The recent Registry on Cardiac Rhythm Disorders Assessing the Control of Atrial Fibrillation (RECORD AF) provides further data to belie our obsession with obtaining or maintaining normal sinus rhythm in patients with intermittent or paroxysmal AF (J. Am. Coll. Cardiol. 2011;58:493-501).
Registry studies fail to provide the randomized data that we demand in control trials, but can often yield data about real-world therapy. This registry, which included 5,604 patients from around the world and whose authors were either consultants or employees of Sanofi-Aventis, the makers of dronedarone, confirms much of what has already been said on the issue. There is little or no benefit associated with the rhythm control therapy compared to a heart rate strategy when examined in this community-based unselected population.
Because patients in this study were not randomized to a particular therapy, participating doctors could use either strategy. Unfortunately, patients in the rate control arm were older and more often had AF, heart failure, and valvular heart disease at baseline. Despite this imbalance, the heart rate strategy was as good as rhythm control. Both groups experienced an 18% incidence of adverse clinical events that were determined by the clinical characteristics of the patient and not the therapeutic strategy used or heart rate achieved. Success was measured by the presence of normal sinus rhythm in the rhythm-controlled patients or a heart rate of less than 80 bpm in the rate-controlled patients at 1 year follow-up, which was achieved in 60% and 47%, respectively. If the heart rate target was below 85 bpm, the success was achieved in 60% vs. 52%, respectively. These observations are consistent with previous studies comparing rhythm and rate control strategies.
This obsession with the maintenance of normal sinus rhythm in patients with AF has spawned a whole industry associated with the technology and application of catheter ablation, atrial defibrillation, left atrial occlusive devices, and the continued development of anti-arrhythmic drugs. All of these interventions have achieved some success but have been associated with significant drug and device adverse events.
The most recently approved anti-arrhythmic drug, dronedarone (Multaq), has been extensively studied in AF. Three major clinical trials have examined the drug in paroxysmal, persistent, and permanent AF. The most recent trial, Permanent Atrial Fibrillation Outcome Study Using Dronedarone (PALLAS), compared dronedarone to placebo in 3,000 patients with permanent AF and who also had a number of comorbidities, including symptomatic heart failure and a decrease in ejection fraction, but excluded New York Heart Association class III heart failure. Only an electrophysiologist is able to make the distinction between these two clinical heart failure settings. The study was prematurely stopped because of a significant increase in cardiovascular events, including mortality (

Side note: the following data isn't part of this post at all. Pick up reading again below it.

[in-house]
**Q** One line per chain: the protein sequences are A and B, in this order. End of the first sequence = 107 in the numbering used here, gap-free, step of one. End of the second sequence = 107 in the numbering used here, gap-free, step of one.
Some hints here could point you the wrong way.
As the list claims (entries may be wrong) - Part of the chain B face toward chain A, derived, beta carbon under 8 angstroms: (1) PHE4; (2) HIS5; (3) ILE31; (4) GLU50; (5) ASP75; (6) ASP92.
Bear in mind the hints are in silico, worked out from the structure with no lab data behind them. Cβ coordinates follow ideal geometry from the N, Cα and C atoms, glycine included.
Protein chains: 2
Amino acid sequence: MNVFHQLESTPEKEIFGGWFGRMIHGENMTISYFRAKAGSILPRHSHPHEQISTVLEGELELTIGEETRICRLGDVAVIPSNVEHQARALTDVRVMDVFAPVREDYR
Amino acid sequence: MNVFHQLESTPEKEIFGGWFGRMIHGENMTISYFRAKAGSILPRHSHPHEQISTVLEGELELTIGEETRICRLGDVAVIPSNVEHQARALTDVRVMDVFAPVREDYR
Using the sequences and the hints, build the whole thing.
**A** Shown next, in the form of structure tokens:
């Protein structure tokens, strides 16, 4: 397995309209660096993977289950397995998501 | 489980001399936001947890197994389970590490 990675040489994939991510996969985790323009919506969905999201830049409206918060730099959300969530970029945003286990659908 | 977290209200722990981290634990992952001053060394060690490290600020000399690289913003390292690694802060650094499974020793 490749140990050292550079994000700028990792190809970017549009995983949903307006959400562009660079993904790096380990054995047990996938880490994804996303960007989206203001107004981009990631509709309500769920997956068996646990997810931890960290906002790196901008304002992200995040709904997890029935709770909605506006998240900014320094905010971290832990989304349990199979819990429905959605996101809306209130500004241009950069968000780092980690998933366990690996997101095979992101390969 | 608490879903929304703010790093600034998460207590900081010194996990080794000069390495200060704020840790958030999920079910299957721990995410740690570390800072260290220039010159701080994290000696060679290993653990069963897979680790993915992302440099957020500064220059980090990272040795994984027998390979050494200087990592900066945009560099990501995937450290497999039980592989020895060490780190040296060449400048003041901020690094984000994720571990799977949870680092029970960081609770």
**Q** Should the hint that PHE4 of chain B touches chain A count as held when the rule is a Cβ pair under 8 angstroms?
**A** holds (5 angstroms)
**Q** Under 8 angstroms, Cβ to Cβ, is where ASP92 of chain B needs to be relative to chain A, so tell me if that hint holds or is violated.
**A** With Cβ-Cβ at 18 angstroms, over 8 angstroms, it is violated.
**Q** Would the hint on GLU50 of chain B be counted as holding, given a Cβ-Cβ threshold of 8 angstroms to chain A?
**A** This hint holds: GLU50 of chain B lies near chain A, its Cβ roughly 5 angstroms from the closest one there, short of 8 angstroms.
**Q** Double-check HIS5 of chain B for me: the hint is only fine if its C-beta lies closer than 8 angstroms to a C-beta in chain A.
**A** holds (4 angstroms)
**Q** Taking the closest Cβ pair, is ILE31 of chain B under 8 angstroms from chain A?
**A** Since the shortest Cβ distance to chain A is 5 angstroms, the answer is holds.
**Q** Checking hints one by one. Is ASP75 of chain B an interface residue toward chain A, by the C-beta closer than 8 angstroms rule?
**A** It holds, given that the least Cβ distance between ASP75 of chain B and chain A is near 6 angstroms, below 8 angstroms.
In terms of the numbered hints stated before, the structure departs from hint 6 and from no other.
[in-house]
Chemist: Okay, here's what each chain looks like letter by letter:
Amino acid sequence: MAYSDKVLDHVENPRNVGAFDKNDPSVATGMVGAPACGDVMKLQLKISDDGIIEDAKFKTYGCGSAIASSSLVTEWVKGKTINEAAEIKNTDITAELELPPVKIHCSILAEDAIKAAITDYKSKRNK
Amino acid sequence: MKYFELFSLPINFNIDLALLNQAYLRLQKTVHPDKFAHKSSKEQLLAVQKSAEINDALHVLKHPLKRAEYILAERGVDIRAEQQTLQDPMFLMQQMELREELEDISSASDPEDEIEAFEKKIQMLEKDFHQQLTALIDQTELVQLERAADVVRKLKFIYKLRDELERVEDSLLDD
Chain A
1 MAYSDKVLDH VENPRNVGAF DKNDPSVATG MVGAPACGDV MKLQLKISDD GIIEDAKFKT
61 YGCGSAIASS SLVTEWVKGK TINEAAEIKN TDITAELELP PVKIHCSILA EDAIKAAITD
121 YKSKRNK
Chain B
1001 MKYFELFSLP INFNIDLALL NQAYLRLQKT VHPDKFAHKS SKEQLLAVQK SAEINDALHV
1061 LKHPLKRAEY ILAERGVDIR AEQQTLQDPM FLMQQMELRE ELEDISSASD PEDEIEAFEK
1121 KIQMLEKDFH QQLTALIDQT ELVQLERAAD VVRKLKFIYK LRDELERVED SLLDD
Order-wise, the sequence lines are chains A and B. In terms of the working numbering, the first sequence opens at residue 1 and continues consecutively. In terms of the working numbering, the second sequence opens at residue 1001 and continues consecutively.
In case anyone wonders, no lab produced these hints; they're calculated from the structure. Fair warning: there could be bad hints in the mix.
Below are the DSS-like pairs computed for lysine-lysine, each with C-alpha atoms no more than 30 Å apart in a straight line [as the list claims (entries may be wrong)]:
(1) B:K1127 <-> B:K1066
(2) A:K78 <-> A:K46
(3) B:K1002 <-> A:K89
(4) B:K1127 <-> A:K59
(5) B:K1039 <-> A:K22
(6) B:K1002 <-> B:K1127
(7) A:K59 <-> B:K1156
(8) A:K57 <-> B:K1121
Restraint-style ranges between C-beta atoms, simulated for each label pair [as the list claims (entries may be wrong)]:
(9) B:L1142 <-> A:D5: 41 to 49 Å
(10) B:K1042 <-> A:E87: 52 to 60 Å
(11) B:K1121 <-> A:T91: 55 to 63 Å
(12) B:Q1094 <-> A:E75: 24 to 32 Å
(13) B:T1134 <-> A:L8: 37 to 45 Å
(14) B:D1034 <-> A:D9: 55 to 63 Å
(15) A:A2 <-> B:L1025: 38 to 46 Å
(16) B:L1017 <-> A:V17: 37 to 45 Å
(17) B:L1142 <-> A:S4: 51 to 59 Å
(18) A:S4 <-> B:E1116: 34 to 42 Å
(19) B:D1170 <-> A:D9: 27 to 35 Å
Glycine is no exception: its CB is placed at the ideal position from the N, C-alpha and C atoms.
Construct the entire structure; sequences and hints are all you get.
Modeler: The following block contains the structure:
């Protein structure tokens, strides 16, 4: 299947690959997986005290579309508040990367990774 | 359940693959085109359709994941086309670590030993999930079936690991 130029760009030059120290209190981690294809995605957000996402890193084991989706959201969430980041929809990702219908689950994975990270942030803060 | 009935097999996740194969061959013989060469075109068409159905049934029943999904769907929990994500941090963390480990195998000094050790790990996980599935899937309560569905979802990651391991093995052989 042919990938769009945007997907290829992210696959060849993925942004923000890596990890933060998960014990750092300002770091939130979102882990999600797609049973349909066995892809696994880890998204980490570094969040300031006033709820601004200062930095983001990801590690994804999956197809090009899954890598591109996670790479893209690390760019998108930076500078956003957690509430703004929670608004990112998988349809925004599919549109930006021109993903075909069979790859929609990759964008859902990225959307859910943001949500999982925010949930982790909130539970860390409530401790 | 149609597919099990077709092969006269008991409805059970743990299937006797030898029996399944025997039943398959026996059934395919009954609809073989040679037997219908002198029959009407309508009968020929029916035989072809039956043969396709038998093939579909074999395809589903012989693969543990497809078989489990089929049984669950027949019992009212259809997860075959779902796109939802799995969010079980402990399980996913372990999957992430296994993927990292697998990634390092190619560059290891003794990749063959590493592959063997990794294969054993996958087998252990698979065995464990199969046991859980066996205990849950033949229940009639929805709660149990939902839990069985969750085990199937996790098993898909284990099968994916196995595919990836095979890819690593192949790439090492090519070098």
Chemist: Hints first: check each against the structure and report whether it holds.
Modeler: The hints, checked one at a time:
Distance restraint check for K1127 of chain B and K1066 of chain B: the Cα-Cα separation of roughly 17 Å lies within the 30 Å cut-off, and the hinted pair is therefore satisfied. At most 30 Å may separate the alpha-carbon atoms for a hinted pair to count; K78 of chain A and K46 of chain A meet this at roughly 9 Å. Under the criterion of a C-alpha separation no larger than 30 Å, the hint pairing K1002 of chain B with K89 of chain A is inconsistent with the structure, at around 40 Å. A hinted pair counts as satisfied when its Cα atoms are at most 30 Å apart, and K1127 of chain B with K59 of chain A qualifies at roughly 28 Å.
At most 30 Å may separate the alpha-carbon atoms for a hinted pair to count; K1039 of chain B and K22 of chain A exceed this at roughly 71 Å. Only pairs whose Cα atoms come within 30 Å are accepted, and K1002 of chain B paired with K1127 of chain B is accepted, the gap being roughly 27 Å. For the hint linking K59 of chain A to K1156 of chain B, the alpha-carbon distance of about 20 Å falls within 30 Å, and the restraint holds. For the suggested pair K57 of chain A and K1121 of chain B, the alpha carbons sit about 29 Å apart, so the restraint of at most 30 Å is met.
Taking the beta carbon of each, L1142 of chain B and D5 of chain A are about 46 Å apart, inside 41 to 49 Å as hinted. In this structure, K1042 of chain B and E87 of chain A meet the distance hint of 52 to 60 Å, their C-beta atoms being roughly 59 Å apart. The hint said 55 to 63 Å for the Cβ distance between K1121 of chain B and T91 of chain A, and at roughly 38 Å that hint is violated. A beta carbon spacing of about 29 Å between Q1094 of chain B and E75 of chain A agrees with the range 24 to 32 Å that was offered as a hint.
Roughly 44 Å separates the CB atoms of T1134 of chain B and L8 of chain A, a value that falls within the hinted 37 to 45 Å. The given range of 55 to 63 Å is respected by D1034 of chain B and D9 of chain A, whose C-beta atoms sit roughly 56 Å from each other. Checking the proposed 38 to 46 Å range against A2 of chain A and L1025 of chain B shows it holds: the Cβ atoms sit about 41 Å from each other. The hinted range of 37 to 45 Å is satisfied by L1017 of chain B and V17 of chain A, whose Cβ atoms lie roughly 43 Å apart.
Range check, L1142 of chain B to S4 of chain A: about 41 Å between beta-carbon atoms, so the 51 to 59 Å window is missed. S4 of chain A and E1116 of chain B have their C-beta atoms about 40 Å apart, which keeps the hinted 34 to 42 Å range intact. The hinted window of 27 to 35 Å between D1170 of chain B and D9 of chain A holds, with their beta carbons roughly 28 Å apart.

Dronedarone was approved in 2009 for patients with paroxysmal and persistent AF and atrial flutter by the Food and Drug Administration based on the ATHENA trial, which reported a decrease in recurrent AF in patients treated with the drug. In addition, dronedarone decreased the combined cardiovascular end point of mortality and rehospitalization, achieved mostly by a decrease in rehospitalization. However, its approval included a boxed warning that it is “contraindicated in patients with NYHA Class IV heart failure or NYHA Class II-III heart failure with a recent decompensation requiring hospitalization,” because of the increased risks observed in the previous Trial with Dronedarone in Moderate to Severe CHF Evaluating Morbidity Decrease (ANDROMEDA). That trial, which included mostly patients with NYHA class III-IV, was stopped prematurely because of the increase in heart failure mortality.
Dr. Stuart Connolly, the co–primary investigator of PALLAS, emphasized the difference between ATHENA, which randomized patients with nonpermanent AF, and PALLAS, which randomized patients with permanent AF. He thought that it was “reasonable” for patients with nonpermanent AF to continue with dronedarone, because “they will still benefit from it in terms of reduced CV hospitalization.”
Although there are surely some patients in whom AF causes significant symptoms that warrant aggressive therapy, the vast majority of patients, as indicated in RECORD AF, tolerate AF quite well. Much of the quest for rhythm control is related to the need to prevent systemic emboli and the requirement for anticoagulation therapy using vitamin K derivatives. The development of new antithrombotic drugs and factor Xa inhibitors now provides a safer and more effective alternative. It is time to relax our obsessive approach to atrial fibrillation therapy and become more realistic about our long-term goals for its therapy.